The Vera Institute of Justice’s work with prosecutors’ offices around the country is one initiative addressing bias in charging decisions by monitoring outcomes and increasing accountability. Similarly, judges in Dorchester, Massachusetts, have worked with police and prosecutors to develop guidelines to reduce racial disparities in charging enhancements for people arrested for drug crimes in a school zone.
Key segments of the criminal justice system are underfunded, putting blacks and Latinos – who are disproportionately low-income – at a disadvantage.
Most states inadequately fund their indigent defense programs. Pretrial release often requires money bond, which can be prohibitive to low-income individuals and increases the pressure on them to accept less favorable plea deals. Many parole and probation systems offer supervision with little support. Public drug treatment programs are also underfunded, thereby limiting treatment and sentencing alternatives for low-income individuals.
New Jersey’s recently overhauled bail laws, which will increase nonmonetary release options, is an effort to create a more even playing field for low-income individuals. In Illinois, the expansion of alternative community programs has helped to nearly halve reliance on secure detention for youth.
Criminal justice policies exacerbate socioeconomic inequalities by imposing collateral consequences on those with criminal records and by diverting public spending.
A criminal conviction creates a barrier to securing steady employment, and those with felony drug convictions are disqualified from public assistance and public housing in many areas. In addition, allocating public resources to punitive programs comes at the expense of investments in crime prevention and drug treatment programs. Because of their higher rates of incarceration and poverty, people of color are disproportionately affected by these policy choices.
A key development in this area is California’s reclassification of a number of low-level offenses from felonies to misdemeanors under Proposition 47 in 2014. This initiative is intended to reduce prison admissions and to spare many low-level offenders the collateral consequences of a felony conviction. The law also redirects a portion of state prison savings – estimated to be $150-$250 million annually – to crime prevention and drug treatment programs.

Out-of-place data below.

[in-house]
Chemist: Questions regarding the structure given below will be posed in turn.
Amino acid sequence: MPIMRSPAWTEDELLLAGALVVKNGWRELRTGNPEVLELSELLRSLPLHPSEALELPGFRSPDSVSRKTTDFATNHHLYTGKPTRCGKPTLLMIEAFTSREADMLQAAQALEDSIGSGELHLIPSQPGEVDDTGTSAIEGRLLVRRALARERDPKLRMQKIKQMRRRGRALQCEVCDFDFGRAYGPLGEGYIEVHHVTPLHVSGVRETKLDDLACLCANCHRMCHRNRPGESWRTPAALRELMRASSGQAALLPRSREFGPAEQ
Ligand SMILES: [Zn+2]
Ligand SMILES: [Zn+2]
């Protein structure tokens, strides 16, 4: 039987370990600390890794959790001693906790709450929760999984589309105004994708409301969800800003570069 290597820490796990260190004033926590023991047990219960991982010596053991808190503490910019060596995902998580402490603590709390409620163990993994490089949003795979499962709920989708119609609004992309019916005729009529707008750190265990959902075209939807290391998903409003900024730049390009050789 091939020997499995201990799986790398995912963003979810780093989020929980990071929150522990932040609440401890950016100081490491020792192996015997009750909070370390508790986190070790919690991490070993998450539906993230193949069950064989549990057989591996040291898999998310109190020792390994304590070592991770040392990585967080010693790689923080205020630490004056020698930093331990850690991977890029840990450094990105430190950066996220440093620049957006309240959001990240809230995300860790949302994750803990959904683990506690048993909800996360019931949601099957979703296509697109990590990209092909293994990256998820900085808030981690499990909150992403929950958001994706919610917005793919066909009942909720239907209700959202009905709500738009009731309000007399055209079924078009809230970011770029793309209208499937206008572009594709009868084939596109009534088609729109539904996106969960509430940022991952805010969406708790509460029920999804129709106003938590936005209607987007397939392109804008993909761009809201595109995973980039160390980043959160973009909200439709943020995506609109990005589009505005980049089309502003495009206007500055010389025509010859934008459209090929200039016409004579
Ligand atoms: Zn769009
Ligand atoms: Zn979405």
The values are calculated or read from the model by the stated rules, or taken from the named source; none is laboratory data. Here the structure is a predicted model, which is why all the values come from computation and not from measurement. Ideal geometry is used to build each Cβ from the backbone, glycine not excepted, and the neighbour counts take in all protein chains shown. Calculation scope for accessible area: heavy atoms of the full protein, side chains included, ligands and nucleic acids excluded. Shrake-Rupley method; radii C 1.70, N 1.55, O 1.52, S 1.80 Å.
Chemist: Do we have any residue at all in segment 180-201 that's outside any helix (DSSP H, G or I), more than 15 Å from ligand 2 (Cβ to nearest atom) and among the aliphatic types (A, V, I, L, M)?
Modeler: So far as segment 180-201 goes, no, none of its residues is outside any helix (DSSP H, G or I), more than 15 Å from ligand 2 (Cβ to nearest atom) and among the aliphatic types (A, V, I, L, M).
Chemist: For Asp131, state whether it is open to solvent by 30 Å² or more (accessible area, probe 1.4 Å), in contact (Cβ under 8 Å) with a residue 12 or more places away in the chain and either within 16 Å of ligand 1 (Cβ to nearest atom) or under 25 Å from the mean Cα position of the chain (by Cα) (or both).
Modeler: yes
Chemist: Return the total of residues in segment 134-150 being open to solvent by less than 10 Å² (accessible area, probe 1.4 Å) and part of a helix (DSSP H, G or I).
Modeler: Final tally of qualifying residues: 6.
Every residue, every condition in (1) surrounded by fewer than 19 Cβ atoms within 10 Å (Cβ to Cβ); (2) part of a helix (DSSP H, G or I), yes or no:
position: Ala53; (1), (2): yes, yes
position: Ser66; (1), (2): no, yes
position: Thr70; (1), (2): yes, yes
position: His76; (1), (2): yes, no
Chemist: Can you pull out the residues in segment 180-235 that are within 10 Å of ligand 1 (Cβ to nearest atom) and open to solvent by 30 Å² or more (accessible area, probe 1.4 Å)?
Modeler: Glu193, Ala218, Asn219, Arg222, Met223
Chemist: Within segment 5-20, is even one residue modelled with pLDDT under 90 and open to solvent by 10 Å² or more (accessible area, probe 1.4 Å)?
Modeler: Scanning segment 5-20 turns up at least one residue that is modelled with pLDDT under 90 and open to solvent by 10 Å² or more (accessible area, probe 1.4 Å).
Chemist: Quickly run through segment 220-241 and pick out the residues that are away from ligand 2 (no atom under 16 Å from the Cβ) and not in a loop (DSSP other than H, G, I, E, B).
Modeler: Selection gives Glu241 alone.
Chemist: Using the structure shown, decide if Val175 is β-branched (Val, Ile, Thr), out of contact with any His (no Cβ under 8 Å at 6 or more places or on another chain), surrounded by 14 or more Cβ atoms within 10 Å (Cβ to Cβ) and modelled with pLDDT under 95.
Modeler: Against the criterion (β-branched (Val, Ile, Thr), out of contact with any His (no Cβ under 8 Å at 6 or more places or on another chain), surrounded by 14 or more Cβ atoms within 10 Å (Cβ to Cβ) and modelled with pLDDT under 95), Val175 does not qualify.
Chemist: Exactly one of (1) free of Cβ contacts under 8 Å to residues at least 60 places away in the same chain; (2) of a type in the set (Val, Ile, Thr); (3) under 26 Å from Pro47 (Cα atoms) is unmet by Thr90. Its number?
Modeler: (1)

The actual number of police killings was about 45% higher than the FBI’s tally for the nation’s 105 largest police departments between 2007 and 2012, see: Barry, R. & Jones, C. (2014). Hundreds of Police Killings Are Uncounted in Federal Stats. The Wall Street Journal. See also: Fischer-Baum, R. (2014). Nobody Knows How Many Americans The Police Kill Each Year. FiveThirtyEight Politics; Klinger, D. (2014). On the Problems and Promise of Research on Lethal Police Violence: A Research Note. Homicide Studies, 16(1), 78–96.
Bureau of Justice Statistics (2011). Arrest-Related Deaths, 2003-2009—Statistical Tables. (p. 6, Tbl. 6). In recent years, police officers have killed African American teenage boys at 21 times the rate of their white counterparts, according to an analysis of the FBI Supplementary Homicide Report, see: Gabrielson, R., Jones, R., & Sagara, E. (2014). Deadly Force, in Black and White. ProPublica.
McKinley, J. & Baker, A. (2014). Grand Jury System, With Exceptions, Favors the Police in Fatalities. The New York Times.
Gibbons-Neff, T. (2014). Military Veterans See Deeply Flawed Police Response in Ferguson. The Washington Post.
Goldenberg, S., Pazmino, G., & Paybarah, A. (2014). Police Union Declares War on de Blasio After Murder of Officers. Capital. Note that police deaths in the line of duty are at a historical low, see: Federal Bureau of Investigation (2014). FBI Releases 2013 Statistics on Law Enforcement Officers Killed and Assaulted, 2014; National Law Enforcement Officers Memorial Fund (2014). Preliminary 2014 Law Enforcement Officer Fatalities Report. Washington, D.C.
U.S. Census Bureau (2014). State and County QuickFacts; Carson, E. (2014). Prisoners in 2013. Bureau of Justice Statistics. (p. 8, Tbl. 7); Minton, T. & Golinelli, D. (2014). Jail Inmates at Midyear 2013—Statistical Tables. Bureau of Justice Statistics. (p. 6, Tbl. 2).